Benny Golson “Gone with Golson” (1959) Esquire

Track Selection:Autumn Leaves”

Artists

Curtis Fuller (tb) Benny Golson (ts) Ray Bryant (p) Tommy Bryant (b) Al Harewood (d) Rudy Van Gelder Studio, Hackensack, NJ, June 20 – 30, 1959

Music

I have always loved the Cannonball Adderley/ Miles Davis version of Autumn Leaves on  Blue Note “Something Else” (BN 1595). This version has a slightly more upbeat feel, and the intertwining of Golson’s tenor with Curtis Fuller’s trombone is absolutely perfect. Golson also shows Adderley he can let it rip too. At the solo’s climax, his extraordinary gymnastic runs at blindingly fast speed, with ecstatic squeals up into the upper register, really hit the spot. If ever there was a need for a new video game, it is “Saxophone Hero, Legends of Jazz” (Nintendo and Playstation take note!)

Around this time Golson joined Art Blakeys Jazz Messengers, to my mind the best musician ever in Blakey line-up. His contribution on “Moanin’ ” (BN 4003) features Golson on absolutely top form, in my view among the ten best sax solo’s ever. He was never bettered and a complete contrast to the later Wayne Shorter’s cold and measured playing.

Golson never achieved the fame of some of the other jazz elite, I think failing to project the necessary “mean and moody” or “enigmatic” persona.  Instead he always smiling to camera, and probably not on heroin. Eventually his prodigious talent drew him into a career composing and arranging for the big studios, and never returned to live performance. However a rich legacy of recorded work remains, joyful and exuberant playing, always a memorable melodic angle to his solos and compositions alike.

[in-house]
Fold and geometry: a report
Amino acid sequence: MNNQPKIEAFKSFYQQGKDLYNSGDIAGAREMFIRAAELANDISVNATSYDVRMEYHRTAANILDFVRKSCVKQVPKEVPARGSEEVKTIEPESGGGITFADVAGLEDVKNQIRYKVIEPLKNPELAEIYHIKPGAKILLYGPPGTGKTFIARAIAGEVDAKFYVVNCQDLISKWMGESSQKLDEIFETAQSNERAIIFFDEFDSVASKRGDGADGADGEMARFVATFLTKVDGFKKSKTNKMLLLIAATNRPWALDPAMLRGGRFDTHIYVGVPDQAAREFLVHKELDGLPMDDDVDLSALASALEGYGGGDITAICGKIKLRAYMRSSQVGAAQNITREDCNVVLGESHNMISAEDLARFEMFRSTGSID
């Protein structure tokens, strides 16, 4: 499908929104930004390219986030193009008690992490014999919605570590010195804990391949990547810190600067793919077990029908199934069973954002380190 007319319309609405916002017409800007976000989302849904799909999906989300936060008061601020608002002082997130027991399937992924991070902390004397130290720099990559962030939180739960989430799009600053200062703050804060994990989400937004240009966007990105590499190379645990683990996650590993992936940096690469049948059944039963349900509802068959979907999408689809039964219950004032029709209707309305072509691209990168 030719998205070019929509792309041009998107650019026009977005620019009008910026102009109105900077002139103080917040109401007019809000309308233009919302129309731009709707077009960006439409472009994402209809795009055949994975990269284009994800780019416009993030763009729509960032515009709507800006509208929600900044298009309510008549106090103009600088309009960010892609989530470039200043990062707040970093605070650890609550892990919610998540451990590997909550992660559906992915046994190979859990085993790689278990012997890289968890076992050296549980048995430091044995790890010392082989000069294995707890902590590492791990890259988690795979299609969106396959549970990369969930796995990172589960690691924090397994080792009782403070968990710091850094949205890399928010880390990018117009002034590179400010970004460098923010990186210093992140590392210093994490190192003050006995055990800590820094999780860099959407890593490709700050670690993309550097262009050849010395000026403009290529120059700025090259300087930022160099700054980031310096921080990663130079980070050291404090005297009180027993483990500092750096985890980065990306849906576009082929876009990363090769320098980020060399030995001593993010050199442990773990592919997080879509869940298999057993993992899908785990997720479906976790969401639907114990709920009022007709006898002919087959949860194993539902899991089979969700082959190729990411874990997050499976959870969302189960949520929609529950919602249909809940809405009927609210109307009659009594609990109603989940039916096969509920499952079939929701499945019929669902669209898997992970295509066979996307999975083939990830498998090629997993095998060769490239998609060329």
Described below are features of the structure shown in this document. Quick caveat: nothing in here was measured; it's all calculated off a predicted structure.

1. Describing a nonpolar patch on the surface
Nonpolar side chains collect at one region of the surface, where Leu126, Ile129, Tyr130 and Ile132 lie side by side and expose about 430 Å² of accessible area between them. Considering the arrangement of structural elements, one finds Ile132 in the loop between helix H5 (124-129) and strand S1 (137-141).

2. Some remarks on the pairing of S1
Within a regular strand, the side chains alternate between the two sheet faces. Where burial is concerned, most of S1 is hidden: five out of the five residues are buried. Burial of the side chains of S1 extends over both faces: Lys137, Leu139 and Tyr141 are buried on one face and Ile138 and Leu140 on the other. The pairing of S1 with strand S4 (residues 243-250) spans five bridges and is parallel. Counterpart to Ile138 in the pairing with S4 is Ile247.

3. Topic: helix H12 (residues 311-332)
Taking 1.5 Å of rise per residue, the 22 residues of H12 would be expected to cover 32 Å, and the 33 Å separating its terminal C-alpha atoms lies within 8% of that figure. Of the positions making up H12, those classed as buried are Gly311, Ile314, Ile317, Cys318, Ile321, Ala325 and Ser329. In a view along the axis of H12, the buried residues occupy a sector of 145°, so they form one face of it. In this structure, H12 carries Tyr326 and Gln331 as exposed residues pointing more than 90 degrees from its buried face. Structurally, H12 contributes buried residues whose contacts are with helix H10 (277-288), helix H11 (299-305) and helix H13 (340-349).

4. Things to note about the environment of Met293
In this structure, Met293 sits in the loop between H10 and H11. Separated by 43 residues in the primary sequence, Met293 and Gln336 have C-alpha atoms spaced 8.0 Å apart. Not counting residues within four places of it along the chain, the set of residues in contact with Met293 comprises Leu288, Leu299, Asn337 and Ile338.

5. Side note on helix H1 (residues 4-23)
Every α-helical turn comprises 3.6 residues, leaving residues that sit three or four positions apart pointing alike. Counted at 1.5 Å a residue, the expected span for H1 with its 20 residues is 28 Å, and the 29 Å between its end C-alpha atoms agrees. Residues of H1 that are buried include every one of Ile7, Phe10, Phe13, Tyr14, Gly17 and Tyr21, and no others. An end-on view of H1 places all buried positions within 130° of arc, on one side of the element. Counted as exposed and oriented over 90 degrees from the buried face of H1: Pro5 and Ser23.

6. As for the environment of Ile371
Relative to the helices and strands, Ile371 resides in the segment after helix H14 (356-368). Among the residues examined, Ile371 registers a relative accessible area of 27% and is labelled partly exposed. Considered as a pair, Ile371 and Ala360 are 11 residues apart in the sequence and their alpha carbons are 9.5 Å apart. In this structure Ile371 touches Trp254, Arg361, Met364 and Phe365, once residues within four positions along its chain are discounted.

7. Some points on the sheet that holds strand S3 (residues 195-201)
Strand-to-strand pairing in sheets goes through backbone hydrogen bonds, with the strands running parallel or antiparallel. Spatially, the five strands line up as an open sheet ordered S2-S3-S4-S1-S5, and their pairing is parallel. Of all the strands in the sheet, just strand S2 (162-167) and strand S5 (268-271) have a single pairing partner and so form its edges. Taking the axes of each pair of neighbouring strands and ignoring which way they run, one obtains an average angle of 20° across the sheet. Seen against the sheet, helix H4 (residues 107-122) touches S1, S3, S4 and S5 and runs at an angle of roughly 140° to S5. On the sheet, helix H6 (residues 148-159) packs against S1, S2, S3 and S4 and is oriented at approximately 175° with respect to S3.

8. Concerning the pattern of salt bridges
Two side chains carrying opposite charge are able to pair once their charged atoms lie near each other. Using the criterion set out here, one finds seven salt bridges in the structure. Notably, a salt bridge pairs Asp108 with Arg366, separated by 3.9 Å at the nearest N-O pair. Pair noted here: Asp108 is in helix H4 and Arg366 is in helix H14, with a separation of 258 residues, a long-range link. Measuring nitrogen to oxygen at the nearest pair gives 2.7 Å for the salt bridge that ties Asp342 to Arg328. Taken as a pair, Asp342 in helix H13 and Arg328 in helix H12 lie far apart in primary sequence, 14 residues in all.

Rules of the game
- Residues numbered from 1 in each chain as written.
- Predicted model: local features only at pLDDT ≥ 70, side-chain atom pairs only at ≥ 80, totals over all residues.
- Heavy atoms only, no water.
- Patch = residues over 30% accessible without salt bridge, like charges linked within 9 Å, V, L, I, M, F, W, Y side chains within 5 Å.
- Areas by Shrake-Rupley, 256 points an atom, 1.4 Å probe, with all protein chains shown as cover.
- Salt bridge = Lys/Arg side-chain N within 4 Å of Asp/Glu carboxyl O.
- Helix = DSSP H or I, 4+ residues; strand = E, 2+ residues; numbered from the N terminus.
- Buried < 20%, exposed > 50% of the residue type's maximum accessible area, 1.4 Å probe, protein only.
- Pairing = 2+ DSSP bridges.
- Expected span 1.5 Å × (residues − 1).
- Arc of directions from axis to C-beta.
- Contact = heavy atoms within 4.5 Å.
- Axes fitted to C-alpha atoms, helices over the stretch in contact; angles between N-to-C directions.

Vinyl:  Esquire 32-125 UK release of New Jazz NJLP 8235

Original cover from Prestige  This release is one of the few occasions  Esquire used the original American cover art.

Collector’s Notes

This Esquire release fell into my lap inexpensively, due to the seller listing only the record title and artist name, and not maximizing search matches, thereby missing many dozens of potential buyers. They also failed to describe the pressing as “rare”, “near-mint”, and “beautiful copy”, all of which could have applied.

As a result, I was sole bidder and the auction closed at £3.00 plus postage. Crazy, it’s not enough, but sometimes it happens that way. It makes up for the times you get drawn into a  Sunday night ebay three-way competition between the Land of the Rising Yen and our friends from the land of the Deutsche Bundesbank. That almost always hurts.

7 thoughts on “Benny Golson “Gone with Golson” (1959) Esquire

  1. Thanks – yeah it was a treat meeting him 😉 And he is a magnificent storyteller on stage as well telling stories about Coltrane (childhood friends) Blakey and Clifford etc. He met them all and he was THERE – it’s living history in my book.

    Regarding the LP it is a treasure but honestly the New Jazz pressings are not like the original Blue Notes soundwise and this original pressing is in mono while the CD is in stereo and sound just fine. But then again – nothing beats the feeling of dropping a needle in an original LP right? A piece of history 😉

  2. Good choice!
    My Favourite Benny Golson album and he made many excellent albums. And I actually had the pleasure to meet Mr Golson in person backstage in Stockholm last year. He was the nicest guy ever and signed a CD of Gone with Golson for me. He had a look at who was playing on the CD and made som Oh Ah about Fuller and the Guys 😉 Since then I have aquired an original New Jazz LP pressing of this music. I only wish to have that signed too 😉

    • Wonderful story. I sort of guessed he would still be this happy positive guy – it shines in all his playing. And the fact he is still alive speaks volumes – not engulfed by the darkness like so many so many of his contemporaries. Well done for acquiring the vinyl. Of all things musical, the flow of air through the saxophone is captutured in the analogue groove in a way digital never manages. Sometimes it’s scary.Nice to have the personal autograph too – bridges the past and the present.

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